Seven miles an hour (11 kilometers an hour). That’s the average speed at the entrances to Tel Aviv on weekday mornings and when leaving the city in the afternoon rush hour. Don’t blame the works on the Tel Aviv light rail (“Carmageddon”). The problem is that more than half a million cars are driven into the city each day.
More than half the jobs in all of Israel are in metropolitan Tel Aviv, where more than 6 million journeys are taken each day, of which 80% are by car.
Each day, 700,000 cars take the Ayalon Highway (aka Route 20) that cuts through Greater Tel Aviv. That’s an increase of 55% in Ayalon traffic since 2000, and most of the cars, of course, take the highway at rush hour, resulting in a painful crawl to and from work.
Statistically, the Ayalon Highway seems to have roughly maximized its capacity, though in fact traffic today is down from a peak of 745,000 cars a day in 2008, the year the navigation app Waze was launched. Possibly, since Waze warns of traffic congestion ahead and suggests alternatives, it played a role in slightly decompressing the Ayalon Highway, which is just as well because there is absolutely nowhere for the roads and highways of central Tel Aviv to expand any more. Many kilometers of road have been paved in recent years, which has done nothing to reduce congestion because of the growing number of cars.
Israelis travel 55 billion kilometers a year, an increase of 28% in a decade, according to the Central Bureau of Statistics, from 43 billion kilometers in 2006. If we deduct public transport, trucks and motorcycles, the figure is even more horrifying: Car use increased about 50%, from 27 billion km a year to more than 40 billion today.
Meanwhile, 1,555 km of new roads were paved in the last decade, leading Transportation Minister Yisrael Katz to boast not a little about his “infrastructure revolution.” Dr. Moshe Givoni, head of the Transport Research Unit at Tel Aviv University, shrugs that more and more roads get built because people figure that will resolve the congestion – but by now, we know it won’t because when there’s a void, it gets filled: People just buy more cars. Nor does parking get less stressful. It’s patently obvious, Givoni repeats the patently obvious, that the Greater Tel Aviv area needs better transportation.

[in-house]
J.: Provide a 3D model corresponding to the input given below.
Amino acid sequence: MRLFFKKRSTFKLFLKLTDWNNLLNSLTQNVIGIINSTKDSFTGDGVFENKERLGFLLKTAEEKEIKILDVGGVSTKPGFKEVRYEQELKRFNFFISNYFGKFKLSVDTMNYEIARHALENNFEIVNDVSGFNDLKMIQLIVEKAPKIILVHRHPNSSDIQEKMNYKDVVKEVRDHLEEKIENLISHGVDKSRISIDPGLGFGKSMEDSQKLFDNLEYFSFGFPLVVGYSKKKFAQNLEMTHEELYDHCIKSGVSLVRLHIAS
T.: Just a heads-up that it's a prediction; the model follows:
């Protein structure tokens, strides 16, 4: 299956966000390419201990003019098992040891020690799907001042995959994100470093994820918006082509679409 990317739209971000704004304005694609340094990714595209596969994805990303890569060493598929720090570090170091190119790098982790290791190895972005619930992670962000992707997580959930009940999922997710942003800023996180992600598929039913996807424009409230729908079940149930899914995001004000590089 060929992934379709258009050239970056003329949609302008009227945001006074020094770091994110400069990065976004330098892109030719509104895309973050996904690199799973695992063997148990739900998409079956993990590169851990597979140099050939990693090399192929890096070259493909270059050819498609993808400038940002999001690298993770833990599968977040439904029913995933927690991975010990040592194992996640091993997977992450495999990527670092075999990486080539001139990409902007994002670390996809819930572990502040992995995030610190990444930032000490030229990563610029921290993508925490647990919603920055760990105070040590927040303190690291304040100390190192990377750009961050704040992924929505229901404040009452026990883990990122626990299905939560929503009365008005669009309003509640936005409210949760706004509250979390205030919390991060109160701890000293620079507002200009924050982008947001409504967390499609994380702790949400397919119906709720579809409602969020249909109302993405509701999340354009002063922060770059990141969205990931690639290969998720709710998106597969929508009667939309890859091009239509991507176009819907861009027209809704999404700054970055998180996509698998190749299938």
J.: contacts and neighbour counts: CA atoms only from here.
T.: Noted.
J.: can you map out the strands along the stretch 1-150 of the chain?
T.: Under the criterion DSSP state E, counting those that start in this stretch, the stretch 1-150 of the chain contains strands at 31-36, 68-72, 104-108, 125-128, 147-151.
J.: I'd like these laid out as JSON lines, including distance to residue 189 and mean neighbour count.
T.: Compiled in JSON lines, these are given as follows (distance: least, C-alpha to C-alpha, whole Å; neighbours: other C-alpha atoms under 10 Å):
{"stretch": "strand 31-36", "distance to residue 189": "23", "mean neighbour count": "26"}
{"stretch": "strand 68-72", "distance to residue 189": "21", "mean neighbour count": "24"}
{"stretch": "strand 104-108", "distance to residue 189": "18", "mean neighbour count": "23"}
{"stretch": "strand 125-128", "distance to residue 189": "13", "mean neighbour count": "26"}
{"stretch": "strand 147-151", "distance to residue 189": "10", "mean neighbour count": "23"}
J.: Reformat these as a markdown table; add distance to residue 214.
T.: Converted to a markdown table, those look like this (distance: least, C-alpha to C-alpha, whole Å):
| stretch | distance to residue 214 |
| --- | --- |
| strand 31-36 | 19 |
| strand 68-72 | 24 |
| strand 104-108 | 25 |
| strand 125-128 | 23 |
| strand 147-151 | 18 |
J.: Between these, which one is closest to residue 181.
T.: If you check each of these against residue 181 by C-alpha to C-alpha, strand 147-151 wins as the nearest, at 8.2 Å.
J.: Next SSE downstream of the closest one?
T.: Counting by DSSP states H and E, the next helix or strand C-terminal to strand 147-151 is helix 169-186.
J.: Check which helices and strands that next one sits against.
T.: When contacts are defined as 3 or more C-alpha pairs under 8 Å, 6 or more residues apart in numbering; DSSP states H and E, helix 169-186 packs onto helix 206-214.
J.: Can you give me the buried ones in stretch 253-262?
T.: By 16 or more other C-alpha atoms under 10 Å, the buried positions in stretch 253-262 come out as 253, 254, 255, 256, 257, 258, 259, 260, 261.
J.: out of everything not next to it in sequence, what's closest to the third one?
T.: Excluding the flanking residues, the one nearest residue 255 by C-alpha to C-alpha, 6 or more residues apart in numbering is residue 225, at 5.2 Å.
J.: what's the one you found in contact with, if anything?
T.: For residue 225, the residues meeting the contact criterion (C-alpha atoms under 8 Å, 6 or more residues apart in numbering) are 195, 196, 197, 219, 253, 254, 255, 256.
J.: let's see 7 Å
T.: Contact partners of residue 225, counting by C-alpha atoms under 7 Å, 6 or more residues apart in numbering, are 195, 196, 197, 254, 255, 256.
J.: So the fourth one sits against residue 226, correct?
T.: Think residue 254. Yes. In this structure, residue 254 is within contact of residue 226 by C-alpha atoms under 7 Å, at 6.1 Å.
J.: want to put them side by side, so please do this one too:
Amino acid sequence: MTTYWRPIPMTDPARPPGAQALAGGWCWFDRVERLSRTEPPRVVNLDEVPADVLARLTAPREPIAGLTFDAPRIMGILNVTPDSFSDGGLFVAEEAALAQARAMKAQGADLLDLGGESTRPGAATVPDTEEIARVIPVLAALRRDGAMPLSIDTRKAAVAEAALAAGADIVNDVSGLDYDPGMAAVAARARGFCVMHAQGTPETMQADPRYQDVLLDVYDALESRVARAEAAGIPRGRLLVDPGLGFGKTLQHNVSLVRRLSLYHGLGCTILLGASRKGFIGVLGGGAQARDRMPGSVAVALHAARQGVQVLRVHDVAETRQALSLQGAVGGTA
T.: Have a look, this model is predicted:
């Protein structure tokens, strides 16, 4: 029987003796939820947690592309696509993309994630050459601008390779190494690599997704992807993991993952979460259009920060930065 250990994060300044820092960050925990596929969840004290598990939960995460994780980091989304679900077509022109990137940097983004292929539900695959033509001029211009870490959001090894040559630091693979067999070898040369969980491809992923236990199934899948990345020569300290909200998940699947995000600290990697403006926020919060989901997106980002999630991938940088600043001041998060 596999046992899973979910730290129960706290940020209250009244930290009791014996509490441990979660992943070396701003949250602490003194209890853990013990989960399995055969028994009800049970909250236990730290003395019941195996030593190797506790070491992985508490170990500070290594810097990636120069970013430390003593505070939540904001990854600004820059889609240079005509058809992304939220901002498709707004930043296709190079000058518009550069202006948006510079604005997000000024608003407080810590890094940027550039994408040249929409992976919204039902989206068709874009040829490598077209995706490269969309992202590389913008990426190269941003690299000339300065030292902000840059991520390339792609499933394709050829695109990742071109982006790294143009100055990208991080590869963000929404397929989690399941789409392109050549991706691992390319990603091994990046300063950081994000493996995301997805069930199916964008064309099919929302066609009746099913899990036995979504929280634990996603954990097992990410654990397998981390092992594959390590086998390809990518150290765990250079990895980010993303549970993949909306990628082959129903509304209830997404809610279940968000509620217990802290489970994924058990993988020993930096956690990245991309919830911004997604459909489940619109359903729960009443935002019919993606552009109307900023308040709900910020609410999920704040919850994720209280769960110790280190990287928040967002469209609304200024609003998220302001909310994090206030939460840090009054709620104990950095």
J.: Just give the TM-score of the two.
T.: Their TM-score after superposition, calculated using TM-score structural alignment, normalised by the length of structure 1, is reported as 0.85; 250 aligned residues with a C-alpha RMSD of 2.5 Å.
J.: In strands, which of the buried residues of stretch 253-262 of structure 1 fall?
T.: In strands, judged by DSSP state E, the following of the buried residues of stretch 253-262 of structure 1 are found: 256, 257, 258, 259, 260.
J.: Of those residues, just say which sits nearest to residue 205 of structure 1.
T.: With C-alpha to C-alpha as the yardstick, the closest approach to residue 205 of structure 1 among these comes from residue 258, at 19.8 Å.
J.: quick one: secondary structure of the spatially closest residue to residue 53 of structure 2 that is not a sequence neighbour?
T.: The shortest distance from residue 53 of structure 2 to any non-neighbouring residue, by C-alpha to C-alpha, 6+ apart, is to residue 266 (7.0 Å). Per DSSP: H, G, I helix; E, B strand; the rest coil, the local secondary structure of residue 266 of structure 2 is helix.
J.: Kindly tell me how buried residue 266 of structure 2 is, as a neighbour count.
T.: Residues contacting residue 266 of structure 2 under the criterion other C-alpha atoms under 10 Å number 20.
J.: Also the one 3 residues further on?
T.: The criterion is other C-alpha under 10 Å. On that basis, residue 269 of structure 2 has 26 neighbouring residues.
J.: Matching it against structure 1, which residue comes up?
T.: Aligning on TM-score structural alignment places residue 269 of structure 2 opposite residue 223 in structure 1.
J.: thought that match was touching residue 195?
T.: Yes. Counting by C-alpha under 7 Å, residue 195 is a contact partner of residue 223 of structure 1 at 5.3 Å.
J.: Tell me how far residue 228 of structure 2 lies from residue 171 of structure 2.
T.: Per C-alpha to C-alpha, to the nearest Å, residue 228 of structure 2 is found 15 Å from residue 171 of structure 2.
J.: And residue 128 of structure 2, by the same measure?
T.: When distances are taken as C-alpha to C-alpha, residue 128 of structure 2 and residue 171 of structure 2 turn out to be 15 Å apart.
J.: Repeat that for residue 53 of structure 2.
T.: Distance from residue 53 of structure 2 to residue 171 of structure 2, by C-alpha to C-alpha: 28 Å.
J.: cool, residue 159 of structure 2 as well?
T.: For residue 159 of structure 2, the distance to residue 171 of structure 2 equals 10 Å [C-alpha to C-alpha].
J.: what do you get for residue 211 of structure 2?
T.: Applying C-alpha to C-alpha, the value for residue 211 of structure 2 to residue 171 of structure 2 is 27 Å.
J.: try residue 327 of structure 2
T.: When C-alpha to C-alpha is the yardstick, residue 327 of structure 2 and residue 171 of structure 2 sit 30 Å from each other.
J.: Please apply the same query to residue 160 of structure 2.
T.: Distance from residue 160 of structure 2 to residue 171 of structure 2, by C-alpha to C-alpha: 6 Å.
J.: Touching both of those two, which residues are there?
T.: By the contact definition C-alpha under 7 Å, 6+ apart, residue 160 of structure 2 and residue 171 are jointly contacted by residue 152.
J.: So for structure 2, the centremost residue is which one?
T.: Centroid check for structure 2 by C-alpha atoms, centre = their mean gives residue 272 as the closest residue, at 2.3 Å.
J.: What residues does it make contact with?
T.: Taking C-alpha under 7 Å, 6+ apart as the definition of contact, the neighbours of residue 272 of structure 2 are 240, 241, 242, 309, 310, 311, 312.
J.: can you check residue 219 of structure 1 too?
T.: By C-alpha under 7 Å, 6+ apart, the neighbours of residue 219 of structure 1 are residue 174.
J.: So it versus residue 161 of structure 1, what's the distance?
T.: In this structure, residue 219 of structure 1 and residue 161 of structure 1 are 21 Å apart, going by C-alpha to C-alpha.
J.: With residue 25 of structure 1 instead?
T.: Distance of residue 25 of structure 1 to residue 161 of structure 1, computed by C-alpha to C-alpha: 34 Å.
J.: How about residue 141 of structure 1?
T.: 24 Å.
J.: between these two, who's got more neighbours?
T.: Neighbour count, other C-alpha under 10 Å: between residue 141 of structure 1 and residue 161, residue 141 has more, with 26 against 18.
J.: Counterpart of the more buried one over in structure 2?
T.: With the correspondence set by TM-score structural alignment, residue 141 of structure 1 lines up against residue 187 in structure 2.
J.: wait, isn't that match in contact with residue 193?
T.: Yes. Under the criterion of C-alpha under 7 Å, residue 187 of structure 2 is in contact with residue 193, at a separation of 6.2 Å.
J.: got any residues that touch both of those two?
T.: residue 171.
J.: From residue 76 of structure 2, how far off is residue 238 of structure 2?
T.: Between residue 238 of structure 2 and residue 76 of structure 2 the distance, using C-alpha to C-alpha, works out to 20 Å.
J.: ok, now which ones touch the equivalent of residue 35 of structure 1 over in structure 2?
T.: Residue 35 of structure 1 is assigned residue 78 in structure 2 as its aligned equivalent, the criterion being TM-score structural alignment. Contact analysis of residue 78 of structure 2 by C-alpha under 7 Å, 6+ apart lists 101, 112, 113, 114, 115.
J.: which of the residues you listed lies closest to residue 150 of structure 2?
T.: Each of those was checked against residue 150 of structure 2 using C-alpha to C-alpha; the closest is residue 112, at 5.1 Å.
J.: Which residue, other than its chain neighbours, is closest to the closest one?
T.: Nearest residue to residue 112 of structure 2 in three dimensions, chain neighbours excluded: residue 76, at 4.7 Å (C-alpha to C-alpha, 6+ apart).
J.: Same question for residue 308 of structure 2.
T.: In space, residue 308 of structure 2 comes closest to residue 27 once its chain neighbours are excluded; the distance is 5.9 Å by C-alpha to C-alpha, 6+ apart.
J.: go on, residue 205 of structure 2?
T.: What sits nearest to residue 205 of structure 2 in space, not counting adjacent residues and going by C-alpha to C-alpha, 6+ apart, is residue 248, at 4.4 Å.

Every year about a quarter-million new cars join Israel’s roads, for all that the total population is just over 8 million. Only half that number gets junked each year. Car sales break records year after year. The result is that the number of cars per capita in Israel keeps climbing, although it is still lower than Western norms. Right now there are about three million cars on the road, a little more than 300 per 1,000 residents (Europe and the United States have about 600 cars per 1,000 residents). In Europe, though, only 40% of journeys are done by car and the rest by public transport or shank’s mare, says Prof. David Mahalel of the Technion – Israel Institute of Technology’s Faculty of Civil and Environmental Engineering.
According to the OECD, Israel’s roads are four times more crowded per kilometer than any other organization member – four times the average, in fact. Specifically, traffic per kilometer is three times the average in the Netherlands and Switzerland, and six times the average in Norway and the Czech Republic. It’s all the fault of poor public transport in Israel, the OECD says; the train system is very limited, the only inner-city tram system is in Jerusalem, and trains and buses are costly and don’t necessarily go where one needs.
There is good reason why cars became the dominant form of travel in Israel, and only 10% of travel is done by public transport. In the OECD, the average is 35%. In the OECD cities, the average rises beyond 50%, while in Tel Aviv, only 18% of travel is by public transport.
Indeed, public transport finds it difficult to compete with the car in Israel: It’s too infrequent, lines are poorly planned, connectivity between trains and buses is problematic, and mainly absent designated lanes, the buses tend to get stuck in traffic like everybody else. In Israel, buses average 16 kilometers per hour, compared with 25 kph elsewhere in the world.
The damage it does